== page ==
48 thoughts on “Climate “Consensus””

  1. ” to promote economically harmful policies.”

    You have a model that predicts this economic harm, you don’t have any proof of this.

      1. You say a simple exponential equation will utterly describe the global economic system,
        but you deny that simple math will describe the global climate system.

        It would seem that the mathematics of economics are at least as complex as climate.

        1. You say a simple exponential equation will utterly describe the global economic system

          I’m saying that a simple exponential equation describes the amount of future wealth destroyed by reducing economic growth, you innumerate moron.

          1. Why would I waste my time? People with IQs above room temperature already know the exponential growth equation, and you’re too stupid to understand it.

          2. The equations are written in many textbooks. Rand kindly provides you a link to Amazon where you can buy the textbooks and educate yourself.

            Or you can continue to show your ignorance and unwillingness to learn while blaming others for your own failures.

        2. Dude, you voted for Obama and can’t grasp the concept of ‘Base Load’. You really need to lay off criticizing your betters in the Math game, the self-parody is remarkable.

          1. That’s exactly what it is, parody. dn-guy has been engaging in a sort of Stephen Colbert-esque Fake-Out, but whereas Colbert is a Lefty pretending to be an over-the-top version of a hardcore rightwinger, dn-guy is a conservative (or possibly a libertarian) doing an over-the-top version of the left. And in the dozen or so times I’ve pointed this out, dn-guy has never once protested, denied, or even responded at all.

          2. I’m sure you love the 1950’s as an paradigm but the world is changing.
            Baseload and switchable supply is being replaced by dynamic active
            control of demand and supply.

          3. “dynamic active control of demand”

            That’s your best one yet! Bravo, sir! You have managed to distill the communist view of people as interchangeable drones to be controlled and manipulated into technical jargon that just barely masks the intention, without being so subtle as to be unnoticeable.

    1. The usual solutions are to make the price of energy much larger (so we use less), just as Obama promised, hich means the price of everything else will go up dramatically with no increase in wages.

  2. It’s best to be prepared.

    Sooner or later warming is going to resume its upward tick. I hope it’s later, but we conservatives and libertarians had better have a plan B in place when that event finally takes place. Relying on “drill baby drill” could come back to haunt us in a big way if warming really does resume. The Marxist anti-human nihilists will then be elected to office for at least a generation while the GW problem is “solved” by destroying what’s left of capitalism and replacing it with the USSR lite-if we’re so lucky. The best path to follow would be Bjorn Lomberg’s solution-massive investment in alt-energy while allowing continued use of fossil fuels until the new energy technologies are ready for use on a largely subsidy free basis. Combine that with a strong energy efficiency program, a renewed commitment to n-power based on thorium reactors, and a strong research effort into geo-engineering, and the good guys won’t be caught with their pants down when the warming resumes.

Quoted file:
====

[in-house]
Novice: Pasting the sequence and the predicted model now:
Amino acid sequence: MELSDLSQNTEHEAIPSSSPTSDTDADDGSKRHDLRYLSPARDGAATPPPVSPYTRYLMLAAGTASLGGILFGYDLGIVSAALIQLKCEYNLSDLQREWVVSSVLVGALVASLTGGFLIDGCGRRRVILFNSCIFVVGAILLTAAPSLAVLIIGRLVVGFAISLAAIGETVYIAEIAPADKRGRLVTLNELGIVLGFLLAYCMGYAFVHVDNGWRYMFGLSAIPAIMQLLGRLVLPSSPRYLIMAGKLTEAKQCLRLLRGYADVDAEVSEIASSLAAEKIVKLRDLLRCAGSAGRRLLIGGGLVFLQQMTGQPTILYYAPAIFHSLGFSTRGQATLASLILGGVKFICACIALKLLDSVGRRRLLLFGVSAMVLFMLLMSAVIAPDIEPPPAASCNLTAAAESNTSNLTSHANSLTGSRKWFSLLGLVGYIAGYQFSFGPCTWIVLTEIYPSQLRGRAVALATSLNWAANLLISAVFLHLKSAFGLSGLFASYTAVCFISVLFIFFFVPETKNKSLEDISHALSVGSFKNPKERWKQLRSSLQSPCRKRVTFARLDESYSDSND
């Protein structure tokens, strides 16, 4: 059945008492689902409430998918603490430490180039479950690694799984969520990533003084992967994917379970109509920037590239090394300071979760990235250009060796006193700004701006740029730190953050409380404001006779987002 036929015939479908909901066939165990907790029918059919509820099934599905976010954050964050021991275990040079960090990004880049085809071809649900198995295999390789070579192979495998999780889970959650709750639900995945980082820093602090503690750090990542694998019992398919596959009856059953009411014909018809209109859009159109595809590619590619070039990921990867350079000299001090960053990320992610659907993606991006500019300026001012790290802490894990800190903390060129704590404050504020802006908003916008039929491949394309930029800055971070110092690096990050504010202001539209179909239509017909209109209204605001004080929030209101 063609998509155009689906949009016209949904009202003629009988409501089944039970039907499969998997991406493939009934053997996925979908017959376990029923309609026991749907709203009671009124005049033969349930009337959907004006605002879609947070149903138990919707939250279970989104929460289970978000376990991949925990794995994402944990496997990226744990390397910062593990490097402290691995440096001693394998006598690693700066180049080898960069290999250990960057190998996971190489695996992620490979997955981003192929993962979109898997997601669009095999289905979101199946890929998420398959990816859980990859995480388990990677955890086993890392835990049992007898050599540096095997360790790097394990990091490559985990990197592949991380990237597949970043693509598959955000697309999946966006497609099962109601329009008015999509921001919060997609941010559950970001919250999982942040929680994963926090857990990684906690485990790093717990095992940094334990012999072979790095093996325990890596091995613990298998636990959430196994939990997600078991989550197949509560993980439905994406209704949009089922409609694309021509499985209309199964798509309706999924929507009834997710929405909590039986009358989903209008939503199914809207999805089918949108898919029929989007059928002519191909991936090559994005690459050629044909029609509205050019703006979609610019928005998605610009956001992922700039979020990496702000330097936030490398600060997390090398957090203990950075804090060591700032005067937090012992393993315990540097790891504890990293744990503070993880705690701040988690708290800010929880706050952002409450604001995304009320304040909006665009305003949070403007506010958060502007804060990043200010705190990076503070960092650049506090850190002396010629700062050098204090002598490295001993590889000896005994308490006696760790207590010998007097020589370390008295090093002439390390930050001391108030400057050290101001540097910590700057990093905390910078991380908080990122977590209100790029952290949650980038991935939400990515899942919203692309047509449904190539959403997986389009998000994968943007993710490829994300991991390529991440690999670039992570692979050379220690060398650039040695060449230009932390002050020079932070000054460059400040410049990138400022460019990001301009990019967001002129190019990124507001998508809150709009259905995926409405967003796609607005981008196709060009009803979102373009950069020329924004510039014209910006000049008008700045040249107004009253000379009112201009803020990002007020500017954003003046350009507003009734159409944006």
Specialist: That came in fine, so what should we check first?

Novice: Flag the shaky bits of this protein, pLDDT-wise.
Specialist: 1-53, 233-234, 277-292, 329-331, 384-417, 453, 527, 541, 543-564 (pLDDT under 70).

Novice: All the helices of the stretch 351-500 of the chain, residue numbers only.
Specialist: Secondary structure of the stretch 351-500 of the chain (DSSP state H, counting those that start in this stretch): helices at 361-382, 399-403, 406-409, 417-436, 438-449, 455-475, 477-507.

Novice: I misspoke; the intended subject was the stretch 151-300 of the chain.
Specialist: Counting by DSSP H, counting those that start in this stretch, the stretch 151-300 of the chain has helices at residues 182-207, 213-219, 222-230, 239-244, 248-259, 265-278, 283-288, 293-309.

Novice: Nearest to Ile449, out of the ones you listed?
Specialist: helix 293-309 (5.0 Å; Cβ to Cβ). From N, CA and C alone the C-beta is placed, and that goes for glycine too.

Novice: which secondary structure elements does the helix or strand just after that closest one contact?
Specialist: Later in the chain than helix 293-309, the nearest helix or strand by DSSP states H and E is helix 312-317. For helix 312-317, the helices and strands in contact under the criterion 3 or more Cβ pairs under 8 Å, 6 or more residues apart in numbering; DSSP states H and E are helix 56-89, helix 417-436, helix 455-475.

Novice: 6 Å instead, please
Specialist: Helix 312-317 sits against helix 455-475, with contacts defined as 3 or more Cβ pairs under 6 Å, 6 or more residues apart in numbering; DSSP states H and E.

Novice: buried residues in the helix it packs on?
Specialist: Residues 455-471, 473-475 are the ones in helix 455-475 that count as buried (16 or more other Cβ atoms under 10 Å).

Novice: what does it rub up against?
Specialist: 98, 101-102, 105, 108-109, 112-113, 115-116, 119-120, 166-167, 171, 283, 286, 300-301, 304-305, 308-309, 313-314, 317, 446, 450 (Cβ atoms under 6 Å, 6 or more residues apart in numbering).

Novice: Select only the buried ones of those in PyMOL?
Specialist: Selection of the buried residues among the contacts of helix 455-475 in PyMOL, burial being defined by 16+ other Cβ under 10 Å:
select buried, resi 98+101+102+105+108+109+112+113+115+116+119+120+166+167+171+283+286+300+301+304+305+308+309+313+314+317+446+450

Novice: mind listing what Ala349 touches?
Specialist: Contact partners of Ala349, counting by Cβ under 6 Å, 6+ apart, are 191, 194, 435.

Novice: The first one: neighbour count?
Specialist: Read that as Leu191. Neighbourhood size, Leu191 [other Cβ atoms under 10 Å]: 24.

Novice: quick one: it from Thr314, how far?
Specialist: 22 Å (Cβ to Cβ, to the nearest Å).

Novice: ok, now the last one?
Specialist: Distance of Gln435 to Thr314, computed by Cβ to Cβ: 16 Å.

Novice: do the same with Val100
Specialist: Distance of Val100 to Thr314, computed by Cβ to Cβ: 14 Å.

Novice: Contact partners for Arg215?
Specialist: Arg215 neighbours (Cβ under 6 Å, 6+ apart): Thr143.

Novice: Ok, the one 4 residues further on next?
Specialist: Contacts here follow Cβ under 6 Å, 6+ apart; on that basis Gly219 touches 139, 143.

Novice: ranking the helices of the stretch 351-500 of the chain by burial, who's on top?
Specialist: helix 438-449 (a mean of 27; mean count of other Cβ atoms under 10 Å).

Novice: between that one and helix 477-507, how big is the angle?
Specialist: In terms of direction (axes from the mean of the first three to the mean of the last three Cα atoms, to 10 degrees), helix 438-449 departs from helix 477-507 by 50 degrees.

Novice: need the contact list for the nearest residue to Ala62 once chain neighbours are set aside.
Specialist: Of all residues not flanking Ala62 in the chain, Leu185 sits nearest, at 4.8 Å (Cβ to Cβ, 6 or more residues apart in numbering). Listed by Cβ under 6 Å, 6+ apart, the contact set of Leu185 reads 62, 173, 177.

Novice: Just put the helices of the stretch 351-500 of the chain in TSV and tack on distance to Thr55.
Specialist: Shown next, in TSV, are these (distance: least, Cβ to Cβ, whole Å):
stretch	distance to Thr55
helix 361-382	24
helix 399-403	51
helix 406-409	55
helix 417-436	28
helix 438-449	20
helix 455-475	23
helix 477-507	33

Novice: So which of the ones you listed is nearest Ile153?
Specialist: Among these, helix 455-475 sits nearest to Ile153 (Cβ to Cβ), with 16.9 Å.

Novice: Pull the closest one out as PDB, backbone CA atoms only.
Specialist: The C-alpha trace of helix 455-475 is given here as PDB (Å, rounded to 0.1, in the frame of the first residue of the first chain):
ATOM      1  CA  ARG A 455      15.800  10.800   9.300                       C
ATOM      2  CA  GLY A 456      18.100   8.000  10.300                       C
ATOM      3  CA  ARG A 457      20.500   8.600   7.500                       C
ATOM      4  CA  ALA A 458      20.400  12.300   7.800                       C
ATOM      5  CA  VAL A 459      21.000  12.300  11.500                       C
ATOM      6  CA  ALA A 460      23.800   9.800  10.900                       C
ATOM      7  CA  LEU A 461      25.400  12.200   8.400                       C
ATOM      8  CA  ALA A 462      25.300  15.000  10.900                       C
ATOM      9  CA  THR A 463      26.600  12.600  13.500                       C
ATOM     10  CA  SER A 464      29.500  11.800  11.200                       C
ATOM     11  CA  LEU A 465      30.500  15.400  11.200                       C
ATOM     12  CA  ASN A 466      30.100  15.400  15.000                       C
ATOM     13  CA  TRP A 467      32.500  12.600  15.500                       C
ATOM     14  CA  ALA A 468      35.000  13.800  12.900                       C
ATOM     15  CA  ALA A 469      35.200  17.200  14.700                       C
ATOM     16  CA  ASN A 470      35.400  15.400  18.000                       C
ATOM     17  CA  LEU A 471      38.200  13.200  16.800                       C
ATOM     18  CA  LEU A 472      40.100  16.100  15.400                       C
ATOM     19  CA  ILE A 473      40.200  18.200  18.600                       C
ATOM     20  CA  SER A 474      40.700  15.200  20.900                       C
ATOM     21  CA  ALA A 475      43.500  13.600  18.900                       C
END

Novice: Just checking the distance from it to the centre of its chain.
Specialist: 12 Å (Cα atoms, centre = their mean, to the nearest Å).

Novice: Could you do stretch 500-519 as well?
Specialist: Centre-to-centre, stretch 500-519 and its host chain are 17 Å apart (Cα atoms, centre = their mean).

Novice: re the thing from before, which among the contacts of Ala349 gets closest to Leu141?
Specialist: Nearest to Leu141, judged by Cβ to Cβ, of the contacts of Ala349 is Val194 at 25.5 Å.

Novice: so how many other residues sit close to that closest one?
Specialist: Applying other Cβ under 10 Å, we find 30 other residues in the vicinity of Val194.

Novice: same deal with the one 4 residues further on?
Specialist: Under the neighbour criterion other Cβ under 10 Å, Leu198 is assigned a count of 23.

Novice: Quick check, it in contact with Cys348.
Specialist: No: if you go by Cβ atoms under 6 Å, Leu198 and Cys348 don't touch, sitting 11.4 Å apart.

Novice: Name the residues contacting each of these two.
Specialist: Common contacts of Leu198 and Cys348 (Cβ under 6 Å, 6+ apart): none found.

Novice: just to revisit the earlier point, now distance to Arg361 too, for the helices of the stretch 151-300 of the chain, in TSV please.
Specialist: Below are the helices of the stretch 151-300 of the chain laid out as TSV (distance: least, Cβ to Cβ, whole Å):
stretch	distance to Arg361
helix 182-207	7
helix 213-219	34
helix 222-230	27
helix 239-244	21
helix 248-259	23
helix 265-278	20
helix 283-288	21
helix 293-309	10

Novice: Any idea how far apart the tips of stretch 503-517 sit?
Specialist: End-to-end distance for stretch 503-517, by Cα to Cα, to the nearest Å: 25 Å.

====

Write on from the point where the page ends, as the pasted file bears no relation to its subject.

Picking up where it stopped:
1. Unfortunately ARPA-E just focused on batteries, biofuels, and carbon capture, and thus far has produced mostly acronyms. Needless to say, given the Administration’s track record on energy projects, all the research money probably went to Obama campaign bundlers.

    1. There has been no “warming” due to CO2. The long term trend is the same it has been coming out of the LIA, well before CO2 could even theoretically have had a significant effect. The temporary accelerated rise of the late 1900’s is now giving way to the cyclical deceleration, just as it did in the transition region 1940-1950. It’s going to stay that way until the late 2030’s, when it will accelerate again. Meh.

      When are you lemmings going to stop being scared of the bogeyman in the closet, and grow up? There are lots more important things to be worried about. Antibiotic resistance is mushrooming. Weapons of mass destruction are proliferating. Massive objects are zipping around the solar system. And, national debt loads are exploding. And, you guys are worried about a few degrees of temperature, over which we have no control at all? Get real.

    2. According to the CEO of NRG, next year in 25 states, renewable energy will be